Former England captain Mark Butcher has joined the growing number of voices expressing their disbelief at Yorkshire CCC and their handling of the Azeem Rafiq racism case.
Rafiq, 30, levelled a string of accusations at his former employers over treatment he claims to have received while playing for the Tykes in two different spells between 2008 and 2018.
Yorkshire admitted the former England U19 skipper had been the subject of 'racial harassment and bullying' after publishing a summary of the report into alleged institutional racism at the club.
But they concluded no current employees would face any action, despite numerous senior figures remaining at Headingley from Rafiq's playing days.
It was revealed on Monday that a player at Yorkshire admitted to repeatedly calling Rafiq a 'P***', but the panel, tasked with making conclusions and recommendations from the report, assessed the comments were 'banter'.
Butcher told The Times: "It beggars belief. It’s not only completely tone deaf but totally in denial.”
Claudia Webbe, the independent MP for Leicester East, said she was appalled by the report – which is now under review by the ECB.
Webbe tabled a parliamentary motion in March regarding 'the failure to address the institutional racism in cricket', and has called on authorities to make the Rafiq case a 'turning point'.
“It reveals the endemic nature of racism in cricket,” she said. “The report by the investigation appears to normalise abusive discrimination and even blames Azeem for being a victim of racism. It is hard to believe.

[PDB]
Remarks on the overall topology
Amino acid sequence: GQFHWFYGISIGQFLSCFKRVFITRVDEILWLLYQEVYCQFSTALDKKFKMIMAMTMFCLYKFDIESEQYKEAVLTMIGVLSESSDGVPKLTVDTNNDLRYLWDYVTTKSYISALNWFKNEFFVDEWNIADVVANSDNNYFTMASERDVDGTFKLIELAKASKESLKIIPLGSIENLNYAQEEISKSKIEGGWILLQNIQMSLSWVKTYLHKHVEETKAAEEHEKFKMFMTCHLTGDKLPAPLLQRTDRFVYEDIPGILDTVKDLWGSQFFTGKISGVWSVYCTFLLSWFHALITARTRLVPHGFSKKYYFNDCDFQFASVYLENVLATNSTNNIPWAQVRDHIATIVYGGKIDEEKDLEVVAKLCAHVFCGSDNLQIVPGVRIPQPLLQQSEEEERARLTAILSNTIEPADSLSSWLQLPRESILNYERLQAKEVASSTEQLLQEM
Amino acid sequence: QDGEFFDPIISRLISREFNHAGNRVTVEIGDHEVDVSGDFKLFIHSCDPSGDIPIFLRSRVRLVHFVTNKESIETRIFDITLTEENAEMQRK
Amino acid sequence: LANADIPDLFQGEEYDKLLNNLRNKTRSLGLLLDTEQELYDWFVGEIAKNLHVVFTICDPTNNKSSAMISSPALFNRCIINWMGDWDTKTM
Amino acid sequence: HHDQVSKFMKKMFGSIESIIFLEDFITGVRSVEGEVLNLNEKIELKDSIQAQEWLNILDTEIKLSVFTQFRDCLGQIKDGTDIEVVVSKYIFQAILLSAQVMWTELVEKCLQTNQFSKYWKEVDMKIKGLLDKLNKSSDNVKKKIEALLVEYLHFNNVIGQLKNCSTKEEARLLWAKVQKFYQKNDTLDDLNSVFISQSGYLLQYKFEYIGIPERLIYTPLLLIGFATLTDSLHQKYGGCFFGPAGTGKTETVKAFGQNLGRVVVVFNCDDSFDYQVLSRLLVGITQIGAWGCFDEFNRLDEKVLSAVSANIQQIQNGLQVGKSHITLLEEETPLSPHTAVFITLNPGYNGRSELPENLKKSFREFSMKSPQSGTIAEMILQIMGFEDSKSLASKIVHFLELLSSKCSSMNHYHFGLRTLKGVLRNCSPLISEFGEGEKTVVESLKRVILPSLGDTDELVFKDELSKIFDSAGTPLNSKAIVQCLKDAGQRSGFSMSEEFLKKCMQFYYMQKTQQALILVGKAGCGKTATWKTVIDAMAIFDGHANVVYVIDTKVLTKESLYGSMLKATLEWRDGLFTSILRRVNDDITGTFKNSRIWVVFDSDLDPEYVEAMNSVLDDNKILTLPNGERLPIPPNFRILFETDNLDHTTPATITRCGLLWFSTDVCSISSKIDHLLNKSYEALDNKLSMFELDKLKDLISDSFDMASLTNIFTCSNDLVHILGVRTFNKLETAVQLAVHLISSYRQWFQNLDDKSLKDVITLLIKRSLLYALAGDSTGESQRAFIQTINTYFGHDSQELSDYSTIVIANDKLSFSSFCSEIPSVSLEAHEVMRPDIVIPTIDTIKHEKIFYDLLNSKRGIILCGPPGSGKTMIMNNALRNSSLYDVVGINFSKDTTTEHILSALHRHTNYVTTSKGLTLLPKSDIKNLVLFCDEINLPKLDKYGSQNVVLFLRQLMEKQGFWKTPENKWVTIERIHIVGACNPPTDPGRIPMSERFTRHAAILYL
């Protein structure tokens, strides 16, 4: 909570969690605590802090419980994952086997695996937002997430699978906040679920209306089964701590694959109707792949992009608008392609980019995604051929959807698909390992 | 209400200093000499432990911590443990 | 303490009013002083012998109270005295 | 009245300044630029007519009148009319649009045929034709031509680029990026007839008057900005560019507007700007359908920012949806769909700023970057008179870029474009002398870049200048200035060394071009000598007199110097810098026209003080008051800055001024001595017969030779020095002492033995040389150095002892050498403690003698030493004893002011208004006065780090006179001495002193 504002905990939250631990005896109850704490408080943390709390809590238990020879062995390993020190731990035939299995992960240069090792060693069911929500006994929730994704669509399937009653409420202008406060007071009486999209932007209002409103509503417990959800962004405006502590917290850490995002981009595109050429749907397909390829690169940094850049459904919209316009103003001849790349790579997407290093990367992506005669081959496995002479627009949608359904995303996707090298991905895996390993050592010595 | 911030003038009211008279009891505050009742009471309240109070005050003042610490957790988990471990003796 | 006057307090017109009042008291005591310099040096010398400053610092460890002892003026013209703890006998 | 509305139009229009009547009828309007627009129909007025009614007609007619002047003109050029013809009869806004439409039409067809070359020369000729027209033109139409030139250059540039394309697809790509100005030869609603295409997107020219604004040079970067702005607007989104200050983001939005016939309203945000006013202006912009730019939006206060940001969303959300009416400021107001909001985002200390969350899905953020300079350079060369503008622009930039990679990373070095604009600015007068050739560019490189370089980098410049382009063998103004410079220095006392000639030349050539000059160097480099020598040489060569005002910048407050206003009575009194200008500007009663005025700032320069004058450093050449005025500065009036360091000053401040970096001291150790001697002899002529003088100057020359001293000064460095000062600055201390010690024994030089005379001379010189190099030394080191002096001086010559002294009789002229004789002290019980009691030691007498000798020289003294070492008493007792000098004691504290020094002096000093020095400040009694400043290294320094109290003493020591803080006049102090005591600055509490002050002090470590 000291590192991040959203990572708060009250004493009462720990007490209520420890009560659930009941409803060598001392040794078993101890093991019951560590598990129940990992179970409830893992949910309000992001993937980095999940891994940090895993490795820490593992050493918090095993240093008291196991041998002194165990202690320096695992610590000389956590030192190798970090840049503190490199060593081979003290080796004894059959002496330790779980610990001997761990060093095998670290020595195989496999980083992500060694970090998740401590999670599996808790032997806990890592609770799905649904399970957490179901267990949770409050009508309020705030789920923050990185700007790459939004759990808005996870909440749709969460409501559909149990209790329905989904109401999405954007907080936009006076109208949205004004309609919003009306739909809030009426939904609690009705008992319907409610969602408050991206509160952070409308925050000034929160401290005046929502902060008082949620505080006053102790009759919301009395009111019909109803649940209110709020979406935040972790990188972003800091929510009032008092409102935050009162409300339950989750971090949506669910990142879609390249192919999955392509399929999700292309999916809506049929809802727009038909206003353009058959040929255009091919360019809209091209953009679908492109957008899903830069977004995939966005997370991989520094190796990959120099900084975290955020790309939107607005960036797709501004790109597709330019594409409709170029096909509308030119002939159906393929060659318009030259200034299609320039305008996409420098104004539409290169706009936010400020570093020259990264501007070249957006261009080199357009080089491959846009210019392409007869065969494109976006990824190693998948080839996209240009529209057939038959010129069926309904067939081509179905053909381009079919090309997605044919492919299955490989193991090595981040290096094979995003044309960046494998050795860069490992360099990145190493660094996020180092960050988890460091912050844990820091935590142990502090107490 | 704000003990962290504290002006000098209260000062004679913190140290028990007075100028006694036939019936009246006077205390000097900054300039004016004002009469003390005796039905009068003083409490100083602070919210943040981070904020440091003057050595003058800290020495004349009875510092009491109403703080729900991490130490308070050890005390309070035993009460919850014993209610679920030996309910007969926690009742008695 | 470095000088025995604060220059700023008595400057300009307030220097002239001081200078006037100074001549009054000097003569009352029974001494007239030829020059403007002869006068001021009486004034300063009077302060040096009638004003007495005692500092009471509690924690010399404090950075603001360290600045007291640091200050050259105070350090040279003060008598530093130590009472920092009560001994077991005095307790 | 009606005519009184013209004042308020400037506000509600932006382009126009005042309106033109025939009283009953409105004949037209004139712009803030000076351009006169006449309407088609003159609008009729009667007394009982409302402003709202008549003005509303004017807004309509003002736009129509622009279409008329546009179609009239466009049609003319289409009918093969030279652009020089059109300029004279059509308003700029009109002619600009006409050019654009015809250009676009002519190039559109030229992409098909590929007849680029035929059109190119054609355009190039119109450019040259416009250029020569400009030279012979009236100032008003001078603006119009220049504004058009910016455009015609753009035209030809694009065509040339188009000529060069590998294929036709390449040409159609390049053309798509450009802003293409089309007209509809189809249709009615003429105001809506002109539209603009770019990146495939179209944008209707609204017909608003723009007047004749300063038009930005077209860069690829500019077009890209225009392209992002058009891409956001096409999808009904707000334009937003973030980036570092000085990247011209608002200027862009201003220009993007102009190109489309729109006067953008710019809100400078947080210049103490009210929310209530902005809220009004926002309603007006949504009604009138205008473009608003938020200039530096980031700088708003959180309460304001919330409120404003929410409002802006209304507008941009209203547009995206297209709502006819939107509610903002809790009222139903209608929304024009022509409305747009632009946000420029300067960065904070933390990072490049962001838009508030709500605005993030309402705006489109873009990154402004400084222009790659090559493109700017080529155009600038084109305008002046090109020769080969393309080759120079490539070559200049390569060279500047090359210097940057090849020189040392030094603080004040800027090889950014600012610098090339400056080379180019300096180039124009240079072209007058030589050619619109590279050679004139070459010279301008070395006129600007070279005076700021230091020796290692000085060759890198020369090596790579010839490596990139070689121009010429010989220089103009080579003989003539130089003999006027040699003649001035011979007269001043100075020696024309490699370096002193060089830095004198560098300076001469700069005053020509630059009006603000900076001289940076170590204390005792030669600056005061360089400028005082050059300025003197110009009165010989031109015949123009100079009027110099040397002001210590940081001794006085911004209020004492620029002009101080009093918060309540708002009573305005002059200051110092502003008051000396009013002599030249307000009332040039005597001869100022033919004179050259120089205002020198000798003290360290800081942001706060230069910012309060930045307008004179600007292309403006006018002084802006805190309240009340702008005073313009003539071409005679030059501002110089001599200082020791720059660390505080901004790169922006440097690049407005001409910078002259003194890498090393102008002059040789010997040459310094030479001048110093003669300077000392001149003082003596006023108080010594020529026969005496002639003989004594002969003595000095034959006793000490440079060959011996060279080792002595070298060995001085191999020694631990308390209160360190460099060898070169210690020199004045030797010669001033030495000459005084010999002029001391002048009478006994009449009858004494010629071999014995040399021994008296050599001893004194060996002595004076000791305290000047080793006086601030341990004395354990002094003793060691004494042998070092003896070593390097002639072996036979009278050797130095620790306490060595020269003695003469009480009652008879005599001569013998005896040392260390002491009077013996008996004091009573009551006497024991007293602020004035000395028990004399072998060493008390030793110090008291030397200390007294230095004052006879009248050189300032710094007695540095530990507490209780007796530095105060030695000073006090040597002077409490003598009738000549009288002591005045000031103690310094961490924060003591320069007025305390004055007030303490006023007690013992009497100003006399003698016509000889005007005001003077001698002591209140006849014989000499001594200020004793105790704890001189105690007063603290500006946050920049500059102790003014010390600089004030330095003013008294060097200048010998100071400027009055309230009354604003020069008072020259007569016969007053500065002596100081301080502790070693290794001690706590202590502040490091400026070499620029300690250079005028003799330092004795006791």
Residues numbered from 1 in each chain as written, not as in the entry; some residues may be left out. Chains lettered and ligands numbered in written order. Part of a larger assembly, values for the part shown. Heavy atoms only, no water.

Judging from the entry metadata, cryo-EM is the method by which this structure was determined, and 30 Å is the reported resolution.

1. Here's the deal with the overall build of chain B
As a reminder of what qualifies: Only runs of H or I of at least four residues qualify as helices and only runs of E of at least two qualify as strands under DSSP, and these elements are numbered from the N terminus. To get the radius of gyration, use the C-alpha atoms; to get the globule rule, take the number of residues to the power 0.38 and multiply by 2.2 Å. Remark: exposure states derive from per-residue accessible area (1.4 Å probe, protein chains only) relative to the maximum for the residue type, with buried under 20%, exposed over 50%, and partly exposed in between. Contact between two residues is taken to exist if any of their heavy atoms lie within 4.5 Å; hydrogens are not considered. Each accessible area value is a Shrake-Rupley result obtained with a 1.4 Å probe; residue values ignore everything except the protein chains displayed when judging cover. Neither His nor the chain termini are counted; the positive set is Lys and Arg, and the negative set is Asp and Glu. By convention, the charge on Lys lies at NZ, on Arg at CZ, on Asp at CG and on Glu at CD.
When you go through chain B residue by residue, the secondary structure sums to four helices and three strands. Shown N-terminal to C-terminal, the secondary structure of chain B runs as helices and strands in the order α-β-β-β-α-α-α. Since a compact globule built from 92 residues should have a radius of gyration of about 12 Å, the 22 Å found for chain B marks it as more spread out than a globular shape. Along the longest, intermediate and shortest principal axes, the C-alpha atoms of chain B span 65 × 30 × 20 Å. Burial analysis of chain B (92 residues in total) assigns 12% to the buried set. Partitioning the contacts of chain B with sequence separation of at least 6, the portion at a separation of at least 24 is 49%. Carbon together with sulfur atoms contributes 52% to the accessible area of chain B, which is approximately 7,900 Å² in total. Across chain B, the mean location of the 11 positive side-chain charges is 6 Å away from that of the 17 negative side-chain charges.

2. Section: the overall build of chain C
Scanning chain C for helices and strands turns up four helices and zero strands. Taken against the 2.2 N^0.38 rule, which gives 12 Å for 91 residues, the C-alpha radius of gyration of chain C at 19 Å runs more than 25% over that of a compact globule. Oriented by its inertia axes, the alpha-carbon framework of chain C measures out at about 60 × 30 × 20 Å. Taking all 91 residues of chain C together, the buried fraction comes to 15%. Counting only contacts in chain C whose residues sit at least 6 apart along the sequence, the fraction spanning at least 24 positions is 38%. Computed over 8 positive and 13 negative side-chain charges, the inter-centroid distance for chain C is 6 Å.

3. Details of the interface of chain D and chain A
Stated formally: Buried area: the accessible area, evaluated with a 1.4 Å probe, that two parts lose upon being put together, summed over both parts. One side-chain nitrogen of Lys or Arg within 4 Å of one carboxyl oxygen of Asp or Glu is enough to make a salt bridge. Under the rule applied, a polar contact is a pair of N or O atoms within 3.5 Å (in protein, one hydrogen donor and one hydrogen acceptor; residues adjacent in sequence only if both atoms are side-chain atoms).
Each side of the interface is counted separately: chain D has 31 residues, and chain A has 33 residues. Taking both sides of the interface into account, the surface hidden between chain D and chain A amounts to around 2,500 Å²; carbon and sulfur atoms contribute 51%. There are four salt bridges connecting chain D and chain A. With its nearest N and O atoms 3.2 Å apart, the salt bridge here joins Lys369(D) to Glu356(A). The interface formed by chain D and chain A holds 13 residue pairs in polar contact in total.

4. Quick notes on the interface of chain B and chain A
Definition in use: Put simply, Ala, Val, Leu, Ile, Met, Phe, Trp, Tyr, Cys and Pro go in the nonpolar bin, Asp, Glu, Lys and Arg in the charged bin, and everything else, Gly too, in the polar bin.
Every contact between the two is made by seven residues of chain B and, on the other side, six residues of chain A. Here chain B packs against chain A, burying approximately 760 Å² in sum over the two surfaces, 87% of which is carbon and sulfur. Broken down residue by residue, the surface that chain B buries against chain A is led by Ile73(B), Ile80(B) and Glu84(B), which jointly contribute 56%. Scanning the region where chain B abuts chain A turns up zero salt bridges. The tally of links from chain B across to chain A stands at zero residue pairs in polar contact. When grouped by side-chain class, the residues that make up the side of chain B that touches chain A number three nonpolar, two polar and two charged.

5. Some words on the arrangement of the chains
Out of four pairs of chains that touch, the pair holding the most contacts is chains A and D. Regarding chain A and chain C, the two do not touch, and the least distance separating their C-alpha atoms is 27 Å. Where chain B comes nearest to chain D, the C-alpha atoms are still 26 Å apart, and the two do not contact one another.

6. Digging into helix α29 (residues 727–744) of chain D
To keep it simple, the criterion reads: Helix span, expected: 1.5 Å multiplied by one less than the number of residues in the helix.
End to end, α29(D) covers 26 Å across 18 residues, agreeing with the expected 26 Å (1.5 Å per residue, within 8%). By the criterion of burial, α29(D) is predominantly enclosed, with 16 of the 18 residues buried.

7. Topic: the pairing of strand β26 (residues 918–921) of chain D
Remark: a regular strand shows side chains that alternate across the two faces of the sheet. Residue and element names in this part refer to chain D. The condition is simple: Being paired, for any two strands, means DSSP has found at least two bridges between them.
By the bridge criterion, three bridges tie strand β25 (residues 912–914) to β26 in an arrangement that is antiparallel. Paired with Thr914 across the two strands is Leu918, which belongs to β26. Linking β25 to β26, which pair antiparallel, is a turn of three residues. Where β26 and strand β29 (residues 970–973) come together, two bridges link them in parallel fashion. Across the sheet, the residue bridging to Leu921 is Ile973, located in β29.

"It is not ‘banter’ to reduce someone to tears by unacceptable comments about his colour or heritage.
“This is a wake-up call for cricket’s authorities and it must be a turning point for the game. If it requires action in terms of conditions being attached to the public funding that the game receives then that should be the way forward.”
Labour MP Kevin Brennan, who stands in Cardiff West and is a member of the digital, culture, media and sport select committee, has called on the ECB to take their own action after Yorkshire's findings.
He said: "It is reported that the admitted use of a deeply offensive racial epithet by a player will go unpunished because Yorkshire Cricket Club regard it as ‘banter’.
"This matter has been mishandled by the club from the outset. A full ECB inquiry with access to all the facts is vital before cricket itself is further damaged by this debacle.”
If charged by the ECB, Yorkshire could face a range of sanctions from fines, points deductions, relegation or even being stripped of international fixtures scheduled to be held at Headingley.
Source: Read Full Article